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Quest to document dispossession of Arab Jews from Arab Countries

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Quest to document dispossession of Arab Jews from Arab Countries


Usurping History by yjd

Yes, a shade under 900,000 Jews were expelled from Arab countries in 1948, the vast majority of them shaken down for all they were worth before being unceremoniously shown the door.

Stanley Urman wants to get that in writing.

The executive director of Justice for Jews from Arab Countries is helping to launch an international advocacy campaign to collect testimony and documentation of the "murder, arbitrary arrest and detention, torture, stripping of citizenship and seizure of property" suffered by Jews prior to their expulsion.

"The primary objective is to ensure that the rights of former Jewish refugees from Arab countries are dealt with in any Middle East peace process," said Urman, who will be in the Bay Area next week to meet with the San Francisco-based Jews Indigenous to the Middle East and North Africa (JIMENA) for a briefing on the campaign.

"Whenever there's an explicit reference to Palestinian refugees, there must also be a reference to Jewish refugees. This is not about money. It's about rights and recognition."

The first thing Urman would like is a little r-e-s-p-e-c-t from the Arab nations themselves, which have never formally acknowledged the organized plunder and expulsion of their Jewish communities -- communities that had been in place since long before the birth of Jesus.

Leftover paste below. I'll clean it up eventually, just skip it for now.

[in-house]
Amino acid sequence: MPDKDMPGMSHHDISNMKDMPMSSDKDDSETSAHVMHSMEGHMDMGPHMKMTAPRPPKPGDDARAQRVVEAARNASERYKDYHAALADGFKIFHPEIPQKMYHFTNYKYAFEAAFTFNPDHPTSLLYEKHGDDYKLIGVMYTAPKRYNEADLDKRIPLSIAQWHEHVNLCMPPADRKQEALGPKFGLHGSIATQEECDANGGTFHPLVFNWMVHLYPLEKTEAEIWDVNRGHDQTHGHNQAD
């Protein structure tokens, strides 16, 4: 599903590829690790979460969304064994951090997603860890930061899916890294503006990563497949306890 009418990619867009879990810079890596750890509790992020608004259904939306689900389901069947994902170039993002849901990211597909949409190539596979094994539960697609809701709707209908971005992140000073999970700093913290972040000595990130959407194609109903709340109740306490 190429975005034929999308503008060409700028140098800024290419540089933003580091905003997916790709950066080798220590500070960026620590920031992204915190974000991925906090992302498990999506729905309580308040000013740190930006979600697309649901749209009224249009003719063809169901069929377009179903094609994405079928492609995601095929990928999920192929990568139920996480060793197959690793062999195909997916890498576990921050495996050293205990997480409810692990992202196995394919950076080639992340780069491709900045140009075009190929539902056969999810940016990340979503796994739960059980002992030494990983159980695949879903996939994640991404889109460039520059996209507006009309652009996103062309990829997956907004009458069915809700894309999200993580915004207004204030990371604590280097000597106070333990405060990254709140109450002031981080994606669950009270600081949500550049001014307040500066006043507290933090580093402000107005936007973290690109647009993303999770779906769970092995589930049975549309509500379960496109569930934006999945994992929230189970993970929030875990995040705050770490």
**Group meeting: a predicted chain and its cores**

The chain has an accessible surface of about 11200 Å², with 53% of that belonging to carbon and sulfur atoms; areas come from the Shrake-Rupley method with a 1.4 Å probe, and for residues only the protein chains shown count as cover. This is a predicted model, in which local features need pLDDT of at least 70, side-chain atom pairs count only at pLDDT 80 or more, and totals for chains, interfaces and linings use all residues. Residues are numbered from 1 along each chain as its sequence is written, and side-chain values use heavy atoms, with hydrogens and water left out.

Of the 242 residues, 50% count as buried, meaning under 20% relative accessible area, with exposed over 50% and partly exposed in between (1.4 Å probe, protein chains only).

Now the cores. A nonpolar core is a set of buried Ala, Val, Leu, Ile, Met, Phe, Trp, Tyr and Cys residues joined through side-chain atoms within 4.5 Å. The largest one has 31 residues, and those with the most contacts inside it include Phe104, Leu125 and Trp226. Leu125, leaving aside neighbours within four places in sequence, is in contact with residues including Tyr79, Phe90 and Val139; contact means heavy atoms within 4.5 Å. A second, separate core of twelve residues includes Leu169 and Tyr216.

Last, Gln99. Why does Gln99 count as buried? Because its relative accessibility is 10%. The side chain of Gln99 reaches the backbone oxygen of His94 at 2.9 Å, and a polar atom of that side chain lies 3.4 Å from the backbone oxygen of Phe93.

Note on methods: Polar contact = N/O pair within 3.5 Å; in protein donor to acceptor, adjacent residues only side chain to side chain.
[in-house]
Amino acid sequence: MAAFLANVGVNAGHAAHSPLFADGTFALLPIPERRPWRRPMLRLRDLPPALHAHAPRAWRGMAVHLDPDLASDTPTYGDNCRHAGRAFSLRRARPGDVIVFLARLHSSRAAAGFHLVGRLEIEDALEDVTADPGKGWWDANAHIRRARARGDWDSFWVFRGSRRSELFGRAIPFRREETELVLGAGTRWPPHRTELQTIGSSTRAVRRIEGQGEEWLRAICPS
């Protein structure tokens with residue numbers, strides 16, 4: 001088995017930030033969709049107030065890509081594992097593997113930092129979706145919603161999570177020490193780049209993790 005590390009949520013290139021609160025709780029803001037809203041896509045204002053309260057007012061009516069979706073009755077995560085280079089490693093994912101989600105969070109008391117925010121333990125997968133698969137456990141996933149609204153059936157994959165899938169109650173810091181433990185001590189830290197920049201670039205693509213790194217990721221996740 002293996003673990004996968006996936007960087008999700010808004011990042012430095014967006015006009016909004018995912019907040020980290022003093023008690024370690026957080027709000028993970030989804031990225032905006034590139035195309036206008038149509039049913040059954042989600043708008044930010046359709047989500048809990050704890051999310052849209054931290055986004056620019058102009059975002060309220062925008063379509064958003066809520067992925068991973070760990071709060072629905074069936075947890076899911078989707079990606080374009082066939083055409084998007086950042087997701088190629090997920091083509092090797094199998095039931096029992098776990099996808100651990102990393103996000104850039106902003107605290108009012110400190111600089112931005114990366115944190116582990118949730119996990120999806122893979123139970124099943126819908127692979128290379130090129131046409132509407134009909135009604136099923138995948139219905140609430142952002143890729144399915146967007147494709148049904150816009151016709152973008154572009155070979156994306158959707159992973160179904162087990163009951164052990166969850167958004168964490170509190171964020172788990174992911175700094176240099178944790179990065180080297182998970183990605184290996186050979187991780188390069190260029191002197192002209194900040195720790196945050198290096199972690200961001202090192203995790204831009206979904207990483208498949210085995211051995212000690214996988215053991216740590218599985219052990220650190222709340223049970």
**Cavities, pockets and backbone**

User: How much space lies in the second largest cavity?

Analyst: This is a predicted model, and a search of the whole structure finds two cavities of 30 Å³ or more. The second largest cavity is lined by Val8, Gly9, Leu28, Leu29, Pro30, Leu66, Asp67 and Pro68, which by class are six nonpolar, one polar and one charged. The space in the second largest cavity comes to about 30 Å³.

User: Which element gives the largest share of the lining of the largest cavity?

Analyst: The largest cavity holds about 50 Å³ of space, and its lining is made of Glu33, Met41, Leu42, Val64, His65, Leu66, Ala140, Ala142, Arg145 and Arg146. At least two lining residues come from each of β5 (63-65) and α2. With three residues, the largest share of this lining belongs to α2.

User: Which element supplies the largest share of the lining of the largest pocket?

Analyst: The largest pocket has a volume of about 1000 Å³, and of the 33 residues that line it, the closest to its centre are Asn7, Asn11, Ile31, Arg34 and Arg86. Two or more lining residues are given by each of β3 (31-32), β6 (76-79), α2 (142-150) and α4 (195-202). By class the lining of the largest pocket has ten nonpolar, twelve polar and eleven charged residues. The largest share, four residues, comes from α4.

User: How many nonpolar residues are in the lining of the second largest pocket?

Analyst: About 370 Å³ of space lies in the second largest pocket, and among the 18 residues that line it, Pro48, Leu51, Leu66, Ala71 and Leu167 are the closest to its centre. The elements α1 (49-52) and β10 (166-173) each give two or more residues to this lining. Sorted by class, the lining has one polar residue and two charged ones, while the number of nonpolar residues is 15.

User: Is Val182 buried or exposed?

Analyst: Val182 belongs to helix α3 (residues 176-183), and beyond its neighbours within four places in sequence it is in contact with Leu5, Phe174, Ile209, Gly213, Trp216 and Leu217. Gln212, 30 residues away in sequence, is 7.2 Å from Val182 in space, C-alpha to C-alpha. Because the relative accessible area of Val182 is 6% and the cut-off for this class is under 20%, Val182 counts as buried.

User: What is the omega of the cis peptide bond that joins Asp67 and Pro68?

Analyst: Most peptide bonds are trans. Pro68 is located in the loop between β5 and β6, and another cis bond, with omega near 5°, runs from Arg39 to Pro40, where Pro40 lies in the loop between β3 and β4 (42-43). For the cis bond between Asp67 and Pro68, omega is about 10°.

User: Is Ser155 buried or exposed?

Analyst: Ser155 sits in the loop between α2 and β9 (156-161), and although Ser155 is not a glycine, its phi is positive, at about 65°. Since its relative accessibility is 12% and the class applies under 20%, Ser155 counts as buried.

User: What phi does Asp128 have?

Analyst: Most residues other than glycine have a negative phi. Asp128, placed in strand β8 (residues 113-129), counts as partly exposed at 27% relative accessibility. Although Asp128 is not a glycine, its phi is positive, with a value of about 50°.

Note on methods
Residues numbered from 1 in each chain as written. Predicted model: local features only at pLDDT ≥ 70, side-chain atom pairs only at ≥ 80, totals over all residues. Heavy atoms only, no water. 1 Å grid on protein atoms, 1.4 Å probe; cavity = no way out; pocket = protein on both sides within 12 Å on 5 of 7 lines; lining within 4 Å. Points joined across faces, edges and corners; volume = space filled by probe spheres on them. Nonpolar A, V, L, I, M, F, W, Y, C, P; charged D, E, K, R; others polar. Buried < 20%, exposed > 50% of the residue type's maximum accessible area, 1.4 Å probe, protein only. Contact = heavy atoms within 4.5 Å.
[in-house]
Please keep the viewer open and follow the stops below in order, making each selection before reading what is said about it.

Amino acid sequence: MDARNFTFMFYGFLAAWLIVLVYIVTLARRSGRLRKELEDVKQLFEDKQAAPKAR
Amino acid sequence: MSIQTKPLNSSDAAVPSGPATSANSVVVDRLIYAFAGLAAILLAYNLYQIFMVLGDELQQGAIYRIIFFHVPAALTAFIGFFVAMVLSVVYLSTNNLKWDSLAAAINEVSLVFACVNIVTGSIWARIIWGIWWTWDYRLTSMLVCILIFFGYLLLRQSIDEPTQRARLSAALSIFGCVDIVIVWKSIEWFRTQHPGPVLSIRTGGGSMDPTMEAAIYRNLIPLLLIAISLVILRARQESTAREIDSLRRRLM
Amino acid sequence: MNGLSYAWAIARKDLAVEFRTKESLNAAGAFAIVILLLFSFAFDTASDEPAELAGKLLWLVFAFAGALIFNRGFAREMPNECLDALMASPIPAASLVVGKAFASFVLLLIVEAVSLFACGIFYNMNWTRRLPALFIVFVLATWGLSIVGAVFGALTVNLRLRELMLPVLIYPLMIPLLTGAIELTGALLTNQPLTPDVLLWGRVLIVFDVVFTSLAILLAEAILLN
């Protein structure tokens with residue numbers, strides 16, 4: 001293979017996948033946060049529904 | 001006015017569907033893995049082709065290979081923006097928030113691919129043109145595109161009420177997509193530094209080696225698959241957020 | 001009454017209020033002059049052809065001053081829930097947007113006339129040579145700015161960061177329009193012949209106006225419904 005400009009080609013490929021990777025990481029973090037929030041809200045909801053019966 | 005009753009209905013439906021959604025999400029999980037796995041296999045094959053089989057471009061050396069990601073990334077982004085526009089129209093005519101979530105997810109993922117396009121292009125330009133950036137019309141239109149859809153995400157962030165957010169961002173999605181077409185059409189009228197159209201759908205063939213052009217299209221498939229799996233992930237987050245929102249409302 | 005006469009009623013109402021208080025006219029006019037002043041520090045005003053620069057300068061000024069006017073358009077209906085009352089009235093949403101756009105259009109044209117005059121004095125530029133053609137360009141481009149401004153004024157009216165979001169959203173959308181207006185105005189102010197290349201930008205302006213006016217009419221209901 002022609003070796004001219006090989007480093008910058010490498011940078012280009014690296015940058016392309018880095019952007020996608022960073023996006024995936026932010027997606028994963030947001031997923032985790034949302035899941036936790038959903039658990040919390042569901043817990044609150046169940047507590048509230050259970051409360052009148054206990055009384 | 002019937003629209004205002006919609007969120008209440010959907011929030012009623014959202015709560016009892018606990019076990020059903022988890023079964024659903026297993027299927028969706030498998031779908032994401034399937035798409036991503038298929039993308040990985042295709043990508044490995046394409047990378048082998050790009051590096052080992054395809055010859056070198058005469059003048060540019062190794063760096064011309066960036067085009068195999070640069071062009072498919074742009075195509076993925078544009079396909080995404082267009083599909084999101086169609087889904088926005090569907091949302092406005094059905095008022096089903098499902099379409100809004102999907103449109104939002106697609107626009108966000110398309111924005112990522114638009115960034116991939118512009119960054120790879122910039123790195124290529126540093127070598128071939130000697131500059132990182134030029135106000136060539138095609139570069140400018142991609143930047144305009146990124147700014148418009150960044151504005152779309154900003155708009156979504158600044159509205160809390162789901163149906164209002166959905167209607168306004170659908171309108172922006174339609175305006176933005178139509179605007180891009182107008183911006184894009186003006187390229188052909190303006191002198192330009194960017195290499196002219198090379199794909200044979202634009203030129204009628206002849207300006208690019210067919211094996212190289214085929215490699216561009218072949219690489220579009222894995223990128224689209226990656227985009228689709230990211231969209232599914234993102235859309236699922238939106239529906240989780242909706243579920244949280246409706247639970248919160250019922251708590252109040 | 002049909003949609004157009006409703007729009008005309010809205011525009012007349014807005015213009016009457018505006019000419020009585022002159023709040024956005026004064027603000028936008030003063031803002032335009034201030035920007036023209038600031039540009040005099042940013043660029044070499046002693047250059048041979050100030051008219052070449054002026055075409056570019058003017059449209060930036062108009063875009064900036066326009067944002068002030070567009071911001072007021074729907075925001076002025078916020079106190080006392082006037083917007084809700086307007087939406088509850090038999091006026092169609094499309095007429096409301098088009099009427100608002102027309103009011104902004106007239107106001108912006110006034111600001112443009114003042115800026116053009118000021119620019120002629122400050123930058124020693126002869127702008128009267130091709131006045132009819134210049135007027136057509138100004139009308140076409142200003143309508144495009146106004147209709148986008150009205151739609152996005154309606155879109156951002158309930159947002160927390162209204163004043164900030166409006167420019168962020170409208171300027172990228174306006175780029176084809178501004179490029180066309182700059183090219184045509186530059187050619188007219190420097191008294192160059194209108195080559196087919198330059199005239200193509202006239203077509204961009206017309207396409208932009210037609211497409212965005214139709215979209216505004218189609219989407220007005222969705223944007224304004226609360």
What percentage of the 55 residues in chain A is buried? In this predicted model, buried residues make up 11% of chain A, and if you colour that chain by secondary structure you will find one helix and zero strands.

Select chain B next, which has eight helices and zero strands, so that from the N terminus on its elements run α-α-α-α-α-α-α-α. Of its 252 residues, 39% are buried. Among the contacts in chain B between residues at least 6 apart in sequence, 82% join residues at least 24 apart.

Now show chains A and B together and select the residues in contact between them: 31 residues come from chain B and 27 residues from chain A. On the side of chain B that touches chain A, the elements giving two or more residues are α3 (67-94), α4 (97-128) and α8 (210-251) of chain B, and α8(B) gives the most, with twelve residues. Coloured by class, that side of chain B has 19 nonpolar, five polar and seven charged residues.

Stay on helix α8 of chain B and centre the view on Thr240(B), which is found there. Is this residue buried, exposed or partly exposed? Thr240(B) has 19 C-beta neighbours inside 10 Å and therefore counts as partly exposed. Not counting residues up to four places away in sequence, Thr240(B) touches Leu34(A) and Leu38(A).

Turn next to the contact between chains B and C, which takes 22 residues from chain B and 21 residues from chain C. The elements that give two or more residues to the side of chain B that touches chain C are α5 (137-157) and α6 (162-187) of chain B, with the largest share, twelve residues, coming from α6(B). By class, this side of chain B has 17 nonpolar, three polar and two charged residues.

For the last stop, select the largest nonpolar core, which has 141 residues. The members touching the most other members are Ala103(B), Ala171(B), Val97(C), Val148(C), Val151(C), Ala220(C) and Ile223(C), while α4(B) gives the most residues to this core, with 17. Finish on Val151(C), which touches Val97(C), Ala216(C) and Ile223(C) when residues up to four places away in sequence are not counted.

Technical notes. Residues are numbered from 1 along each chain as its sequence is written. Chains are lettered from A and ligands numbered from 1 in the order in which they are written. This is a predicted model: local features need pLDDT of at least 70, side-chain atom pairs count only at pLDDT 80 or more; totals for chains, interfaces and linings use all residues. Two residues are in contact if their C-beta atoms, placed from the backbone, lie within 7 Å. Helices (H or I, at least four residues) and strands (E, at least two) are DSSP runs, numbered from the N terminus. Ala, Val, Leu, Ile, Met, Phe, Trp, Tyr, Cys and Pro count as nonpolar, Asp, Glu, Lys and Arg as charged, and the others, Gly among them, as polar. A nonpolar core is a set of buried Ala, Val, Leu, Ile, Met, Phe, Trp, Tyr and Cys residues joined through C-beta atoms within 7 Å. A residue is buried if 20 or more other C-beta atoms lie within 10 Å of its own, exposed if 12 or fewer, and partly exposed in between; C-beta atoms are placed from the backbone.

And the redress for the Jews' expulsion isn't as simple as cutting a few hundred thousand checks and dropping them in the mail.

"It could be endowment funds to protect Jewish holy cites like cemeteries. It might be setting up chairs at a university to study the rich culture of Mizrachi Jews in Arab countries. And it might also be compensation for lost communal and personal property," said Urman, a Quebec-born New Jerseyan who does not have a drop of Arab Jewish blood in his veins but finds himself compelled to the cause.

Urman sometimes finds himself on the receiving end of harangues by pro-Palestinians who say that by raising the issue, he is deliberately tossing a monkey wrench into any possible Mideast peace plan.

Not so, he says. But the world should stop treating the Palestinians as if they have a monopoly on the refugee business.

"Why have the rights of Palestinian refugees gotten such wide-ranging recognition? At last count, 101 United Nations resolutions focused on the rights of Palestinian refugees. Not one has focused on Jewish refugees," he said.

"Why? There are those who say Israel was created to take Jewish refugees, so there's no need to take care of this issue. Meanwhile, the Arab world has turned its back on the Palestinians, and all of the sudden they're the wards of the international community. There are those who say there was a deliberate attempt by the Arab world to not allow any resolutions to be discussed by the U.N. There are those who say that because of the Soviet and Third World and Islamic blocs, there's no way any pro-Jewish resolution could have found the light of day. And there are those who say anti-Semitism."

But, Urman maintains, progress is being made. He points to recent comments by Canadian Prime Minister Paul Martin, who stated "A refugee is a refugee. I think we've got to be prepared [to take Jewish claims] into consideration."

Still, "success could dissolve into failure" if written records of human rights abuses and communal and personal losses aren't produced. So, in March of 2006, an effort to collect such records will be launched in 14 nations.

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